Arrangements with multiple parties

Arrangements with multiple parties – Identifying the customer can be more challenging when there are multiple parties involved in a transaction. The analysis should include understanding the substance of the relationship of all parties involved in the transaction. Arrangements with multiple parties

Arrangements with three or more parties, particularly if there are separate contracts with each of the parties, require judgment to evaluate the substance of those relationships. Management will need to assess which parties are customers and whether the contracts meet the criteria to be combined when applying the guidance in IFRS 15.

An entity needs to assess whether it is the principal or an agent in an arrangement that involves multiple parties. Has the entity promised to provide the specified good Arrangements with multiple partiesor service itself (so the entity’s role is act as the principal) or to arrange for those specified goods or services to be provide by another party (so the entity’s role is act as the agent)? Arrangements with multiple parties

This is because an entity will recognize revenue for the gross amount of consideration it expects to be entitled to when it is the principal, but only the net amount of consideration that it expects to retain after paying the other party for the goods or services provided by that party when it is the agent.

An entity also needs to identify which party is its customer in a transaction with multiple parties in order to determine whether payments made to any of the parties meet the definition of ‘consideration payable to a customer‘ under IFRS 15.

Something else -   Business combination

In many transactions, a customer is easily identifiable. However, in transactions involving multiple parties, it may be less clear which counterparties are customers of the entity. For some arrangements, multiple parties could all be considered customers of the entity. However, for other arrangements, only some of the parties involved are considered customers.

In certain transactions, a counterparty may not always be a ‘customer’ of the entity but a collaborator or partner that shares in the risks and benefits of developing a product to be marketed. This is common in the pharmaceutical, bio-technology, oil and gas, and health care industries. Arrangements with multiple parties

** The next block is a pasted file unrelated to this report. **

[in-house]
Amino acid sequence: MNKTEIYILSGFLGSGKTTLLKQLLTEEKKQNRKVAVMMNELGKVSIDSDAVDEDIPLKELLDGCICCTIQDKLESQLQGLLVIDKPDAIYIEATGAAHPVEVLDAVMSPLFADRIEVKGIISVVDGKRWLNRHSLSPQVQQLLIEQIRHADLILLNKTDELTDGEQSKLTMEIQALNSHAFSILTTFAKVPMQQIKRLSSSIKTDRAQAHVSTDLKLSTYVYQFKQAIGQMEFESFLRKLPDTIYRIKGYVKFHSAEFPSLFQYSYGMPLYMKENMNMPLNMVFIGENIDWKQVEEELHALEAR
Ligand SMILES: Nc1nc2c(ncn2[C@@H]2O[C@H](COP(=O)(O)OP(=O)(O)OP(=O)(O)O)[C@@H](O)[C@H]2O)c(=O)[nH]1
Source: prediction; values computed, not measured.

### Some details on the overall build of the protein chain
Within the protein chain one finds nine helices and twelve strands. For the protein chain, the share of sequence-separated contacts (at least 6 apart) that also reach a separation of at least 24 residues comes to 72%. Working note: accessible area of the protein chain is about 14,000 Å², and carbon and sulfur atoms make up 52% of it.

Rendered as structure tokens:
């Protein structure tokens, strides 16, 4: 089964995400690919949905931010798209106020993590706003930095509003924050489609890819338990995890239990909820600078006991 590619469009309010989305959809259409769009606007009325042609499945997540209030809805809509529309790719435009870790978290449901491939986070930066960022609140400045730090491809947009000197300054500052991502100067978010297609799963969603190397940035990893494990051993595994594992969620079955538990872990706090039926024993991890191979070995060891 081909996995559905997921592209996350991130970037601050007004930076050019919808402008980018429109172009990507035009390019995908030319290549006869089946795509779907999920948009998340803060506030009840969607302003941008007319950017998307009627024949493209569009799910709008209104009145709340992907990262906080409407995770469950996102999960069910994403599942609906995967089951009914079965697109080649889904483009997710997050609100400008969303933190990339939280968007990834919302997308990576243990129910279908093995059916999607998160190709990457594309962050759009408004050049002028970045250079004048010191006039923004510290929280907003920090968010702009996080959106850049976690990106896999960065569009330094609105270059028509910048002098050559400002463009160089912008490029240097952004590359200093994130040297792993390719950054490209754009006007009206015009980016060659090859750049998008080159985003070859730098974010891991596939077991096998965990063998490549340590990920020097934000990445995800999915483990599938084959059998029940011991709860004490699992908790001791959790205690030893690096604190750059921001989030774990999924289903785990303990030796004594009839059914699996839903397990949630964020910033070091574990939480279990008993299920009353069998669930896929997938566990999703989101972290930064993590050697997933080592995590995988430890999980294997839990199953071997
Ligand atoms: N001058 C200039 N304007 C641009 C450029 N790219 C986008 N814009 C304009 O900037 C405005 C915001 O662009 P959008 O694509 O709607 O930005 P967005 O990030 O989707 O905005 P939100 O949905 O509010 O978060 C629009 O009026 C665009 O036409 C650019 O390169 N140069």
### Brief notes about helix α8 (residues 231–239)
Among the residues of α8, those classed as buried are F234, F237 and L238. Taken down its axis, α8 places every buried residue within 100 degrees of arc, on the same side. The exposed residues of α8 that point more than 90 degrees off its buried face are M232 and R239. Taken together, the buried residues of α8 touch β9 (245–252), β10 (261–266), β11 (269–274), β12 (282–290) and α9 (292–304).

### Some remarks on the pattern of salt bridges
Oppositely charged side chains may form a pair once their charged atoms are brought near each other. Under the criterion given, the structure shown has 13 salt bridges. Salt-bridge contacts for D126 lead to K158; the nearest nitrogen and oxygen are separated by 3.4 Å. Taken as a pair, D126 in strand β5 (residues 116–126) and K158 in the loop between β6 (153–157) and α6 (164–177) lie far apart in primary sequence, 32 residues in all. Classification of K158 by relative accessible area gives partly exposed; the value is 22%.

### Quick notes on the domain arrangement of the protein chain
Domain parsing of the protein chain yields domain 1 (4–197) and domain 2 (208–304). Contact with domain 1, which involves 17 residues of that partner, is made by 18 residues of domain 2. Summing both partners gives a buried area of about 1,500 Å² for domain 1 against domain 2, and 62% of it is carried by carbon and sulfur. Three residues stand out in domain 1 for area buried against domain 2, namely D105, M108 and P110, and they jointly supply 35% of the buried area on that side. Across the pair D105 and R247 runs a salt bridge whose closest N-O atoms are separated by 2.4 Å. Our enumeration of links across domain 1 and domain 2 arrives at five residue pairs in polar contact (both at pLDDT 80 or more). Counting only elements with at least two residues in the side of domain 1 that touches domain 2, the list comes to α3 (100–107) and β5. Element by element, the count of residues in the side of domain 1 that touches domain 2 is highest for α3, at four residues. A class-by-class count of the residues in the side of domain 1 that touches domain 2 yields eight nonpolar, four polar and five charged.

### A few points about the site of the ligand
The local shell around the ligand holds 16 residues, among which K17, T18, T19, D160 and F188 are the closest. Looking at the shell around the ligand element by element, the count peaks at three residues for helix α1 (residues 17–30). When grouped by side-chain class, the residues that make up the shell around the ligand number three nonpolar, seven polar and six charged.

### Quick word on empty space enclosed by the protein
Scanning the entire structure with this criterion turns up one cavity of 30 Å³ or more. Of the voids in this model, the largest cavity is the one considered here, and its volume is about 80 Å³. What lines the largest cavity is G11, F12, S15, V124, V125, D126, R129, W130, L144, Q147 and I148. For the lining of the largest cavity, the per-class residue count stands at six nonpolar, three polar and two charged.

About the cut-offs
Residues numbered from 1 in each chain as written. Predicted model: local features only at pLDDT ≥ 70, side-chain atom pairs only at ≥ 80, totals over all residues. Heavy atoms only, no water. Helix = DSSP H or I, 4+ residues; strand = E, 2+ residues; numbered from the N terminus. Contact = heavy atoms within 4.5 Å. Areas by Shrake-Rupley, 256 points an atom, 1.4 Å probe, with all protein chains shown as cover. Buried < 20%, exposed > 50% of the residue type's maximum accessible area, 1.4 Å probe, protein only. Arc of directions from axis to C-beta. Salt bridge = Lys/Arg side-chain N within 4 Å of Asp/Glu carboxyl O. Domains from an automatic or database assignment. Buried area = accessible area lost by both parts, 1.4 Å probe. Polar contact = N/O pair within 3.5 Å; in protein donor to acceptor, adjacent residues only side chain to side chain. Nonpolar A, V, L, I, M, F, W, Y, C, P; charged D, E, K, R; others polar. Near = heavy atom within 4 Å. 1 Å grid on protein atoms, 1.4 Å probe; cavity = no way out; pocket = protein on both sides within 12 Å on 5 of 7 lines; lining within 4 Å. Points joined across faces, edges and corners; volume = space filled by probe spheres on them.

Arrangements with multiple parties – Customer options — loyalty points redeemable by multiple parties – Retailer offers a customer loyalty program in partnership with Hotel whereby Retailer awards one customer loyalty point for each dollar a customer spends on goods purchased from Retailer. Program members can redeem the points for accommodation with Hotel or discounts on future purchases with Retailer. The transaction price allocated to each point based on its relative estimated standalone selling price is $.01.

Retailer sells goods totaling $1 million and grants one million points during the period. Retailer allocates $10,000 of the transaction price to the points, calculated as the number of points issued (one million) multiplied by the allocated transaction price per point ($0.01). Retailer concludes that it has not satisfied its performance obligation as it must stand ready to transfer goods or services if the customer elects not to redeem points with Hotel.Discount rates

How should Retailer account for points issued to its customers?

Something else -   Identify the performance obligations in the contract

Analysis Arrangements with multiple parties
Retailer should not recognize revenue for the $10,000 allocated to the points when they are issued as it has not satisfied its performance obligation. Retailer should recognize revenue upon redemption of the points by the customer with Retailer, when the obligation is transferred to Hotel, or when the points expire. Retailer will need to assess whether it is the principal or an agent in the arrangement if the customer elects to redeem the points with Hotel.

Arrangements with multiple parties – Primary responsibility for fulfilling the contract – The terms of the agreement and other information communicated to the customer (for example, marketing materials) often provide evidence of which party is primarily responsible for fulfilling the obligations in the contract. Management should consider who the customer views as primarily responsible for fulfilling the contract, including which entity will be providing customer support, resolving customer complaints, and accepting responsibility for the quality or suitability of the product or service.

Multiple parties in an arrangement could share responsibility for fulfillment in some circumstances. For example, one party could be responsible for providing the underlying good or service while another party is responsible for the acceptability of the good or service. This indicator might provide less persuasive evidence in these instances. Management should consider the overall principle of control and the other indicators to make its assessment in those cases.

Arrangements with multiple parties

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